GENERAL SIR WALTER CONGREVE – LION OR DONKEY?
General Sir Walter Congreve is naturally best remembered in Malta as Governor-General between 1924 and 1927 when he died in office and was buried at sea between Filfla and the mainland.
The public view of British generals of the First World War is not flattering. They were the donkeys who sent lions (their men) to be slaughtered on the barbed wire of the Western Front from the comfort and security of their chateaux. That stereotype has been challenged by “revisionist” historians but until recently attention has been focused on the highest level of command and the reputation of Field Marshal Haig in particular. Increasingly now academic research is turning to study a wider range of more junior generals, the divisional and corps commanders whose decisions had a more direct influence on the fate of their men. General Sir Walter Congreve repays study as an example of these leaders. Renowned for his courage and awarded the Victoria Cross during the Boer War, he was wounded while visiting the front line in 1917 and lost his left hand. But how did he perform as a general? The lecture will focus on two episodes during Congreve’s time as a corps commander. In July 1916, during the Battle of the Somme, his Corps made two successful attacks, in contrast to most of the British offensives at the time. But in March 1918 Congreve’s Corps effectively disintegrated during the German offensive and he was removed from front-line command. How much influence did Congreve have on both these operations and what were his strengths and weaknesses as a commander?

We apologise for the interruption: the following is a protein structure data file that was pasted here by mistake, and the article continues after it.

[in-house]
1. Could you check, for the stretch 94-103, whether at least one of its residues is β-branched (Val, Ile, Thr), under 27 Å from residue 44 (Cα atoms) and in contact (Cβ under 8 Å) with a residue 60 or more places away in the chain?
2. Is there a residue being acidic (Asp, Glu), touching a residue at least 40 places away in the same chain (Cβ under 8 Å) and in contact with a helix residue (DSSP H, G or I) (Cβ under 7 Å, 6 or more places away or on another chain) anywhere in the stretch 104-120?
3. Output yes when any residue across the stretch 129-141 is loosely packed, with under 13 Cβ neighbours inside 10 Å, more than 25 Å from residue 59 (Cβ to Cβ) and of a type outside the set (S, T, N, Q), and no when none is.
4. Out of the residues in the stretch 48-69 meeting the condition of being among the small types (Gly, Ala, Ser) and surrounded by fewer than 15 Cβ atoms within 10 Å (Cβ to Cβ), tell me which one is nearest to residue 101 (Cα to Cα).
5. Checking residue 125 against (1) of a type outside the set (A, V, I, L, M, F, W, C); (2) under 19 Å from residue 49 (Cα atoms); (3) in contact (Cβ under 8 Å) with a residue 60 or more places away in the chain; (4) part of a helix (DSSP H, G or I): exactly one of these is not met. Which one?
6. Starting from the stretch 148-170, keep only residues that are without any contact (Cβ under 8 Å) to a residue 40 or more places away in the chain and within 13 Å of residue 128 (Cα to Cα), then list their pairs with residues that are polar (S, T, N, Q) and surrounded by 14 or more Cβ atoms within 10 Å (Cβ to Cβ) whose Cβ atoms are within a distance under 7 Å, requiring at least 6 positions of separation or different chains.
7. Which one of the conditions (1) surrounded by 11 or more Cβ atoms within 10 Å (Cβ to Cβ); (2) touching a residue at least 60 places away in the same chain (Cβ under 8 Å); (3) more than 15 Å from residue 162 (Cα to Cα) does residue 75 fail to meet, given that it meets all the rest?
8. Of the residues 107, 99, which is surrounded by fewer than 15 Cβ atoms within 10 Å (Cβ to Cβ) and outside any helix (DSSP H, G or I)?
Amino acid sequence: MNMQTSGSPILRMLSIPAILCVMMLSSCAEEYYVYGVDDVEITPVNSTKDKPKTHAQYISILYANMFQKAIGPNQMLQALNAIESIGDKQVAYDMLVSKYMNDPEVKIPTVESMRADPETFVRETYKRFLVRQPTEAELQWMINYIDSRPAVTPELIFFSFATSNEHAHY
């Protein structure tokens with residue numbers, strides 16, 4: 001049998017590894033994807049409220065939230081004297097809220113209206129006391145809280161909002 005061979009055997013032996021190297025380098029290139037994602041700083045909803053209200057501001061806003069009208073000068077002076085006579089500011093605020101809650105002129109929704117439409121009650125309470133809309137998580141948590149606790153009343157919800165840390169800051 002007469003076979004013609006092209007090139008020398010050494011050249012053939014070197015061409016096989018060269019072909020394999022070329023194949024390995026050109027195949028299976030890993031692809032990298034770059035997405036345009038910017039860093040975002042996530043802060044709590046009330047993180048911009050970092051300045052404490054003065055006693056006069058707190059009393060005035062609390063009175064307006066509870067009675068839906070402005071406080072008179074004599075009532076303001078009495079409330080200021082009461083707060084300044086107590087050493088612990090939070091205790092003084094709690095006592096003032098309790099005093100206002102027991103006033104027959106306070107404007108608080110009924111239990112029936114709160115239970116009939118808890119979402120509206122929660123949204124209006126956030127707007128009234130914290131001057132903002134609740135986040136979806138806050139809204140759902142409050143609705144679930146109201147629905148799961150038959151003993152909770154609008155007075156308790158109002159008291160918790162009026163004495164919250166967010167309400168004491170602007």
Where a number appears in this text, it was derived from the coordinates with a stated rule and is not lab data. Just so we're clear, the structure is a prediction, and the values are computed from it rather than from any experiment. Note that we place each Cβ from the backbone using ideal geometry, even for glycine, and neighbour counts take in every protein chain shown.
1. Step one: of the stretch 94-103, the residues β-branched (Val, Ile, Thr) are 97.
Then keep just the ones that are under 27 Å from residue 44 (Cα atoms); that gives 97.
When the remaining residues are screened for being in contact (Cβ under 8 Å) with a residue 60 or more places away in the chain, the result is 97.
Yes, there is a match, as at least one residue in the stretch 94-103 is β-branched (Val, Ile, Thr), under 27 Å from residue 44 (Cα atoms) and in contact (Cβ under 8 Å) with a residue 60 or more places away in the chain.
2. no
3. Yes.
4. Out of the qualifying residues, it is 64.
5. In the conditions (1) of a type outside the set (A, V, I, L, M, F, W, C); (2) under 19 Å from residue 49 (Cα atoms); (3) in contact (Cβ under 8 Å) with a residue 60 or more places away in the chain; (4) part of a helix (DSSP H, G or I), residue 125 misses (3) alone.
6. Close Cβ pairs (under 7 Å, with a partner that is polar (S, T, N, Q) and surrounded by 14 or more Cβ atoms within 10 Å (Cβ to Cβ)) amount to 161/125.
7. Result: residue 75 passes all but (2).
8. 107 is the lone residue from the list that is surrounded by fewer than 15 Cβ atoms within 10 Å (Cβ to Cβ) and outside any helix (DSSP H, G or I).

Entrance for this event is free but pre-booking is advisable to secure a seat. Bookings can be made by sending an email to [email protected]
ABOUT THE AUTHOR
Michael Orr was born in Coventry, Warwickshire in 1948. He read Modern History at Balliol College, Oxford and then became a lecturer in the Department of War Studies at the Royal Military Academy Sandhurst. He subsequently joined the Soviet Studies Research Centre at Sandhurst as a Senior Lecturer. Since retirement he has concentrated on First World War research and has led many battlefield tours for military and civilian groups. He was Secretary General of the British Commission for Military History from 2004 to 2009.
Michael and his wife Jane are life members of the FWA and spend as much time as possible in their apartment in Kalkara. Jane’s father served in Malta during the Second World War.